From his vantage on Mumm Peak during the 1911 Alpine Club of Canada–Smithsonian Robson Expedition, Arthur Oliver Wheeler [1860–1945] described the rugged ridge running from the centre of Mount Robson’s north-east face. “The ridge ends in a semi-detached rock mass, aptly named by Coleman ‘Rearguard.’”

Paleontologist Charles Doolittle Walcott [1850–1927] explored in the Mount Robson area in 1912:

Directly above Blue Glacier a point of rock was named by Dr. Coleman “The Helmet,” and the great black mountain in the center, which he called the “Rearguard,” is now given the Indian name of Iyatunga (Black Rock) (note: name approved by the Geographical Board of Canada, December, 1912)

“Iyatunga” is no longer official. No one seems to have used it except Walcott.


  • Coleman, Arthur Philemon [1852–1939]. The Canadian Rockies: New and Old Trails. London: T. Fisher Unwin, 1911, p. 315. Internet Archive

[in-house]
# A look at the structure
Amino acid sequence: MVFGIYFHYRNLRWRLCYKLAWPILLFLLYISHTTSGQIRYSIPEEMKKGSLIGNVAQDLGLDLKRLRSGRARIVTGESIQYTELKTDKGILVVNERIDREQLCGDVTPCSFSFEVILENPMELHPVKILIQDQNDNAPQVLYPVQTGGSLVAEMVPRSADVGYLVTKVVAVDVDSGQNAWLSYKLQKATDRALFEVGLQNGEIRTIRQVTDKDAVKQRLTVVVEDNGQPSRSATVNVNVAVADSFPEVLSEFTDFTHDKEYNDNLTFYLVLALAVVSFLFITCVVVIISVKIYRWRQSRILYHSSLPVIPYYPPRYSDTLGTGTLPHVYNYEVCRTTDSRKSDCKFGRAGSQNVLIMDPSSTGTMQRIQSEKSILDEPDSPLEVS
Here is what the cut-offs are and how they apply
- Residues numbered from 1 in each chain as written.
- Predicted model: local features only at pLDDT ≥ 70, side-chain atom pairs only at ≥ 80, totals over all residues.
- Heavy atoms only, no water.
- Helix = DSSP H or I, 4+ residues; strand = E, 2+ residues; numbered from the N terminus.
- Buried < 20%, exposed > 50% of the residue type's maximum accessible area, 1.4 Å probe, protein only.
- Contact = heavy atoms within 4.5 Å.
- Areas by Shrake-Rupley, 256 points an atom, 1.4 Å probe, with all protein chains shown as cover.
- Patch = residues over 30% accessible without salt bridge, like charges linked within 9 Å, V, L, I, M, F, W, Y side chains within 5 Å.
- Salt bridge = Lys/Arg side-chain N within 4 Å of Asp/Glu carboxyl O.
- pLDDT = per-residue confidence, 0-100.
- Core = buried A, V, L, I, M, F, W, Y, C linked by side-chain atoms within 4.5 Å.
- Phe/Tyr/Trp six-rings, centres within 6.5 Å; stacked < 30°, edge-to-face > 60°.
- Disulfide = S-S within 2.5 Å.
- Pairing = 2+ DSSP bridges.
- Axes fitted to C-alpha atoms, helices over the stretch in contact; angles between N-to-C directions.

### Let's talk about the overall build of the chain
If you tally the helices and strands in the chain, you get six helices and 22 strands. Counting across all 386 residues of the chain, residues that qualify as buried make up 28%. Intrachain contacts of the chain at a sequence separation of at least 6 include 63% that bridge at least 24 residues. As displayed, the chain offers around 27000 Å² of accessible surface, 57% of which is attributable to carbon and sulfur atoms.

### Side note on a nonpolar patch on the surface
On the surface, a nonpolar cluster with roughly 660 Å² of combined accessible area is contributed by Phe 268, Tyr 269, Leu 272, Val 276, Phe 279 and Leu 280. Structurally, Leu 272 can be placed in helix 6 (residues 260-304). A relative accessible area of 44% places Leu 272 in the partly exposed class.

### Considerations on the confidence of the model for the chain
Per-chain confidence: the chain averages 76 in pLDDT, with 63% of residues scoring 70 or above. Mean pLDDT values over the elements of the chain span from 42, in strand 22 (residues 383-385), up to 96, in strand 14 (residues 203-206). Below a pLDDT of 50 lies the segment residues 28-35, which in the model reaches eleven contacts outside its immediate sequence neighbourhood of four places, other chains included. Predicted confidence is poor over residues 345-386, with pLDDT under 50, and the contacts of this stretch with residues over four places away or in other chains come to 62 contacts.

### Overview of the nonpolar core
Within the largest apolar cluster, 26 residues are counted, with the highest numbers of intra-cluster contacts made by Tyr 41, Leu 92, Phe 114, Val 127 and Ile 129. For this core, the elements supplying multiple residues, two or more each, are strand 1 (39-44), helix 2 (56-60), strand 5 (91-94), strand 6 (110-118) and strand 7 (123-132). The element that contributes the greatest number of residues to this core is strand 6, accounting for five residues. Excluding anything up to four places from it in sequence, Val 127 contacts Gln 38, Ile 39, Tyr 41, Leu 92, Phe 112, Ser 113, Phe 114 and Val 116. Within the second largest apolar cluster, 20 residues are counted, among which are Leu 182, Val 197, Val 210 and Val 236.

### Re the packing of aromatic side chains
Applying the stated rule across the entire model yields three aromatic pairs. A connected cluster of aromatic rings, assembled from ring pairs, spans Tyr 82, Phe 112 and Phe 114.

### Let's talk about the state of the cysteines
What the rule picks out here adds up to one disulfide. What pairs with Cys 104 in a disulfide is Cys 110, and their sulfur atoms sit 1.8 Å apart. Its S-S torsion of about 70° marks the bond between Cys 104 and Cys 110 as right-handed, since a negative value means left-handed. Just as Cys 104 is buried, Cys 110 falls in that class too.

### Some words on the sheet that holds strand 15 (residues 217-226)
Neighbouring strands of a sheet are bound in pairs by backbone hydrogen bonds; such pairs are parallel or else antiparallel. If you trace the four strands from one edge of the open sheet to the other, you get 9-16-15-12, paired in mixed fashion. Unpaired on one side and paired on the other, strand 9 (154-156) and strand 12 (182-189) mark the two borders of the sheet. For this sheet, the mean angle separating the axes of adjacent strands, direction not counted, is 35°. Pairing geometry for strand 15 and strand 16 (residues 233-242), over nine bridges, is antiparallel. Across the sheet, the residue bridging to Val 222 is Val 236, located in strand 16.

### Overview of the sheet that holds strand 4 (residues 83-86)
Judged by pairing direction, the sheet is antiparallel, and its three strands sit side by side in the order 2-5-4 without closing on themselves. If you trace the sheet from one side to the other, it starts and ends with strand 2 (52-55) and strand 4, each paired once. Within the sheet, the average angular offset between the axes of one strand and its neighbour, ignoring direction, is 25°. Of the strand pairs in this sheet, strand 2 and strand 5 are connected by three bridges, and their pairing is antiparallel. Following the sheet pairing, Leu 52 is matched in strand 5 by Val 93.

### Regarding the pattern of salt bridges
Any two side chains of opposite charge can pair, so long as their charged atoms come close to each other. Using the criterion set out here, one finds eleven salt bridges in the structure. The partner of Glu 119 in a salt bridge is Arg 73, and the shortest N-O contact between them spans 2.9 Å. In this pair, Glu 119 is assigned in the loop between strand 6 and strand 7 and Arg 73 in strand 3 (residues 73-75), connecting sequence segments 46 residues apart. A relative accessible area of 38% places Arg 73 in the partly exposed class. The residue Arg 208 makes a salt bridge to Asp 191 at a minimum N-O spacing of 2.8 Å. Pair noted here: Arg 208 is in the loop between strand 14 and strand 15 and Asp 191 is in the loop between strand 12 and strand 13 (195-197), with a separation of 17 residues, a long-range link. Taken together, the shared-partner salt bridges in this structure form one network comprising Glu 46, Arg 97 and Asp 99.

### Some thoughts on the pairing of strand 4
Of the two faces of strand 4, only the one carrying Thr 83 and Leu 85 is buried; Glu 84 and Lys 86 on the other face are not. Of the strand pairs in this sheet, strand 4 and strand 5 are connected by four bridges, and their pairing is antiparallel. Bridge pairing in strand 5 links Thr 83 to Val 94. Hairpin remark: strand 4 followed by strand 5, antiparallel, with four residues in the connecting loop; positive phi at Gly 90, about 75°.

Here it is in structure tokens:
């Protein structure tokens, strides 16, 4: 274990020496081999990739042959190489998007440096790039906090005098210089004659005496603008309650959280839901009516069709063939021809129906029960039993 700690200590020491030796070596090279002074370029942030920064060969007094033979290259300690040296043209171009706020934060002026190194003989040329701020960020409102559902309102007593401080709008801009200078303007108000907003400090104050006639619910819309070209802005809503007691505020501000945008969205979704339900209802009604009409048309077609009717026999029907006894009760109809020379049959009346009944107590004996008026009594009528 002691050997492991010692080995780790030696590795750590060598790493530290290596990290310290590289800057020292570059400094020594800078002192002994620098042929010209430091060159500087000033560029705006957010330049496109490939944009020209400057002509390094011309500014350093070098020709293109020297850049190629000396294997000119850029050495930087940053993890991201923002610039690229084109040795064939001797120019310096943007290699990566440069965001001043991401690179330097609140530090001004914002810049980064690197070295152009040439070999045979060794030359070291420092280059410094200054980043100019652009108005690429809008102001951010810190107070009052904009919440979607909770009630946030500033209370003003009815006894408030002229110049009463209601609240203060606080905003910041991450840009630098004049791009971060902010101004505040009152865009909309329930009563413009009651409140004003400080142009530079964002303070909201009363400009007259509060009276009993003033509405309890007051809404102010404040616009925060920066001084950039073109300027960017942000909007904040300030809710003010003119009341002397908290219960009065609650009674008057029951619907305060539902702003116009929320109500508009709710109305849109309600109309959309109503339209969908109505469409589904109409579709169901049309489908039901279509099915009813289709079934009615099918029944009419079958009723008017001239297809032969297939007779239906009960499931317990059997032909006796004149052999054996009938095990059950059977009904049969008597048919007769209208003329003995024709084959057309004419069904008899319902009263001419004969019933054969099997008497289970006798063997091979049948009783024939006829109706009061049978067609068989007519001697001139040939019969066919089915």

• Wheeler, Arthur Oliver [1860–1945]. “The Mountains of the Yellowhead Pass.” Alpine Journal, Vol. 26, No.198 (1912):382
  • Walcott, Charles Doolittle [1850–1927]. “The monarch of the Canadian Rockies.” National Geographic Magazine, (1913):626. Internet Archive
  • Kinney, George Rex Boyer [1872–1961]. London, England: Royal Geographical Society Archives. Letter to Arthur Hinks (1917).

Goodair Peak

British Columbia. Peak
S of headwaters of Geikie Creek
52.6583 N 118.3833 W — Map 83D/9 — GoogleGeoHack
Name officially adopted in 1951
Official in BCCanada

Jasper Park warden Percy Hamilton Goodair (died 1928 at the age of 52) was killed by a grizzly bear and buried near his cabin in the Tonquin Valley. Goodair was an educated Englishman who traveled extensively in South Africa and Australia before coming to Jasper and joining the warden service.